These are some notes I took from Lecture 10 of Paul Hegarty’s excellent iPhone App Dev course. Go there for the full story.

What is a block?

Is a chunk of code that is usually inlined, but can be passed around like an argument to methods.
It’s very smart about local variables, referenced objects.

What does it look like?

Here’s a method I want to pass a block to:

[aDictionary enumerateKeysAndObjectUsingBlock:^(id key, id value, BOOL *stop) {
  NSLog(@"value for key %@ is %@", key, value);
  if (([@"ENOUGH" isEqualToString:key]) {
    *stop = YES;

This method exists in NSDictionary. It basically enumerates through each element in a Dictionary and allows you to pass it a block with will be applied on each element.

Block starts with magical caret ^. Means a block.

Can use local variables declared before the block inside the block

double stopValue = 53.5;
[aDictionary enumerateKeysAndObjectUsingBlock:^(id key, id value, BOOL *stop) {
  NSLog(@"value for key %@ is %@", key, value);
  if (([@"ENOUGH" isEqualToString:key] || ([value doubleValue] == stopValue) {
    *stop = YES;

But they are read only.
Unless you put underbar underbar – then it becomes read/write.

__block BOOL stoppedEarly = NO;
double stopValue = 53.5;
[aDictionary enumerateKeysAndObjectUsingBlock:^(id key, id value, BOOL *stop) {
    stoppedEarly = YES; // this is legal now

What about objects messaged inside the block?

NSString *stopkey = [@"Enough uppercaseString];
if ([stopKey isEqualToString: key] ||

Any outside pointers are held onto strong by the block until the block goes off the heap.
So if the block needs it, it keeps it.


To make our lives easier we sometimes user typedefs with blocks.

typedef double (^unary_operation_t)(double op);

_t is convention for telling us it’s a type (takes a double returns a double).

Now we can declare a variable of that type called square:

unary_operation_t square;
square = ^(double operand) { // value of square is a block
   return operand * operand;

Now we can use:

double sequareOfFive = square(5.0);

We could then use the unary_operation_t to define a method

@property (nonatomic, strong) NSMutableDictionary *unaryOperations;
typedef double (^unary_operation_t)(double op);
-(void) addUnaryOperation: (NSString *)op whichExecutesBlock:(unary_operation_t)opBlock {
   [self.unaryOperations setObject:opBlock forKey:op];

What this does is associate a block with an operation and store it in a dictionary.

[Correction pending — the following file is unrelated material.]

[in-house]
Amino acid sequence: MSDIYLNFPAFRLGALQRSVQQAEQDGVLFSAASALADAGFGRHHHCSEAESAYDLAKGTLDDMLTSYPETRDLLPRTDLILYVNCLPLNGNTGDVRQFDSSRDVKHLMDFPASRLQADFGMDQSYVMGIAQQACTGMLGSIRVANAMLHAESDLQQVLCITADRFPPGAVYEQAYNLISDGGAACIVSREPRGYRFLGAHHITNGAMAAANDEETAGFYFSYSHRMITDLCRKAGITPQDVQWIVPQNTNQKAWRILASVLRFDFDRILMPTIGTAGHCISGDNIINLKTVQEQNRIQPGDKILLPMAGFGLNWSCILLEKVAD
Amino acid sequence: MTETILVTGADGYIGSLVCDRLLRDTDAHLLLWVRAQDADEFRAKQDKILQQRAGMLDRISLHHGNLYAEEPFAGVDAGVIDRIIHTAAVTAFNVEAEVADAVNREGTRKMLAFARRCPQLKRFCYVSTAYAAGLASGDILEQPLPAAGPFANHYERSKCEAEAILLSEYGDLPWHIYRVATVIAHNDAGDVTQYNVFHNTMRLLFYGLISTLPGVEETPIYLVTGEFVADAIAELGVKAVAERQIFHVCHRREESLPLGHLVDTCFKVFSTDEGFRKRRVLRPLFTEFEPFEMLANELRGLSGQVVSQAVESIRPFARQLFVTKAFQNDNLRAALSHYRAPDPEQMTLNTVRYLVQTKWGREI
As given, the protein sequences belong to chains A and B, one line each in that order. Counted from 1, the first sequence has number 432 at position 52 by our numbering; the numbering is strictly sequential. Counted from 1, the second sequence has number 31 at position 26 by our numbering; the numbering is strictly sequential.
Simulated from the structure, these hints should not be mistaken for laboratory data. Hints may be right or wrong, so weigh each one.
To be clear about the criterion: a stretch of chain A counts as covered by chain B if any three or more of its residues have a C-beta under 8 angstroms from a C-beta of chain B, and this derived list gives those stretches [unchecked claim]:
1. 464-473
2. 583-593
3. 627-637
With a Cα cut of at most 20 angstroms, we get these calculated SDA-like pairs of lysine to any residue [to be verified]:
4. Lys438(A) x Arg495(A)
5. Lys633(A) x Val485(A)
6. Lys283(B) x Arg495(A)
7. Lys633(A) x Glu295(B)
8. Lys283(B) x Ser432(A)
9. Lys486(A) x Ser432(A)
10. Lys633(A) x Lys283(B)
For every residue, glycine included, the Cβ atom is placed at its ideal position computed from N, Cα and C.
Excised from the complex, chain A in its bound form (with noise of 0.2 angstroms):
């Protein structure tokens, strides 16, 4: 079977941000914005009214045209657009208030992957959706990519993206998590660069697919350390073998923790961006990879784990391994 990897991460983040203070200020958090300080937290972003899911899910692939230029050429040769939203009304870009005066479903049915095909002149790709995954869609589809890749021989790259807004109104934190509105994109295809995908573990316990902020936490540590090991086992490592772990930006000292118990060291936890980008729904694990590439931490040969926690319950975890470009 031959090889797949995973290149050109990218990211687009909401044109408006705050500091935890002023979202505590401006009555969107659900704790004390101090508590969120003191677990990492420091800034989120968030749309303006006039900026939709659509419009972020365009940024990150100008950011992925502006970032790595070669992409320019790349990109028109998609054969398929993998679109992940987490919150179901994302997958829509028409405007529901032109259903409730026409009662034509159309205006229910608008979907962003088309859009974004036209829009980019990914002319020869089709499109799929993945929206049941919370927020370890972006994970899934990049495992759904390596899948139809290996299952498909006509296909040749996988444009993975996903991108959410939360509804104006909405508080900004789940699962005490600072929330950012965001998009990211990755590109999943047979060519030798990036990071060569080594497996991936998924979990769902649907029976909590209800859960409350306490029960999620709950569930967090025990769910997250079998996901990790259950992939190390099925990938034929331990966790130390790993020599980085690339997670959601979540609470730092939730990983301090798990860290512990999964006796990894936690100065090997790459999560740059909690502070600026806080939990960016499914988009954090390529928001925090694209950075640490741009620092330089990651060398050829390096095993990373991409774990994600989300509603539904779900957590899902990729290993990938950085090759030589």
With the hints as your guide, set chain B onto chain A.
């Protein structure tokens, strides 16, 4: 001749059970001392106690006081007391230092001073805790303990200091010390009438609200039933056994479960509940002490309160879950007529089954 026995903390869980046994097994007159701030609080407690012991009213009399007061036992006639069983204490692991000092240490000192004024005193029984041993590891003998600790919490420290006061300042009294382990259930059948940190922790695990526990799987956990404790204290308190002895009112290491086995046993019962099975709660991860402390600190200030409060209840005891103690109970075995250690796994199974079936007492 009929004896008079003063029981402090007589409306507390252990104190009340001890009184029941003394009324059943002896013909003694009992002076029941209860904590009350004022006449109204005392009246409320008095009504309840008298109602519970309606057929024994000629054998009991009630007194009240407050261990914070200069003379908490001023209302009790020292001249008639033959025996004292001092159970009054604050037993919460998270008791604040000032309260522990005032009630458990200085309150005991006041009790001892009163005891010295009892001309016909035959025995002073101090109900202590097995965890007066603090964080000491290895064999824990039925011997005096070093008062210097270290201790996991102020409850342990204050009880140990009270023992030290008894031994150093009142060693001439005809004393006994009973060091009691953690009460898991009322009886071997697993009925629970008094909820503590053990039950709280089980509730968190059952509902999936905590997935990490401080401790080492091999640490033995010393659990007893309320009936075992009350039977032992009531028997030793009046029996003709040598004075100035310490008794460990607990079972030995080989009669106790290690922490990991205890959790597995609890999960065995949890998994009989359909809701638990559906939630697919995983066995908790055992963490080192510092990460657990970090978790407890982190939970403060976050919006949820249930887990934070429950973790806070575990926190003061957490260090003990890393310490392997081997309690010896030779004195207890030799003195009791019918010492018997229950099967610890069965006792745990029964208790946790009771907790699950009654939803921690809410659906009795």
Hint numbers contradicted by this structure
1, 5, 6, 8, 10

Look at how beautifully these reads though:

addUnaryOperation (a string called op) whichExecutesBlock: unary_operation_t

Really nice syntax the way you can define variables right beside the variable declarations themselves.

Blocks are managed in iOS5 by ARC (so you don’t have to worry about memory management around these).

Then we could use this later on like:

-(double)performOperation:(NSString *)operation
   unary_operation_t unaryOp = [self.unaryOperations objectForKey:operation];
   if (unaryOp) {
      self.operand = unaryOp(self.operand);

We don’t always typedef

When a block is an argument to a method and is used immediately, often there is no typedef. We just inline it.

-(void)enerateKeysAndObjectsUsingBlock:(void (^)(id key, id obj, BOOL *stop))block;

Here block is the local variable name.

Some shorthand allowed when defining a block

1. You do not have to declare the return type if it can be inferred.
2. If there are no args don’t need parentheses.

NSNumber *secret = [NSNumber numberWithDouble:42.0];
[brain addUnaryOperation:@”MoLtUaE” whichExecutesBlock:^(double operand) {
   return operand * [secret doubleValue];


[UIView animateWithDuration:5.0 animations:^{
   view.opactity = 0.5;

No args to this block. No need to say ^() { …}

Memory Cycles (bad thing)

What if you had a block that referred to itself?

@property (nonatomic, strong) NSArray *myBlocks;

[self.myBlocks addObject:^() {
   [self doSomething];

The block here has a strong pointer to itself.
But self has a strong point to block (through it’s property!).

This is a serious problem.

Neither self non block can ever escape the heap now because they will both be pointing to each other.
Called a memory “cycle”.

There is a magic underbar underbar weak.
Says this variable is weak.

__weak Myclass *weakSelf = self;
[self.myBlocks addObject:^() {
   [weakSelf doSomething];

Solves the problem because now the block only has a weak pointer to self.
Self still has a strong point to the block, but that’s OK.

When do we use blocks in iOS?

View animations
Notification (when something happens execute this block)
Error handlers
Completion handlers

But mostly it’s for multithreading. Do this using GCD (Grand Central Dispatch).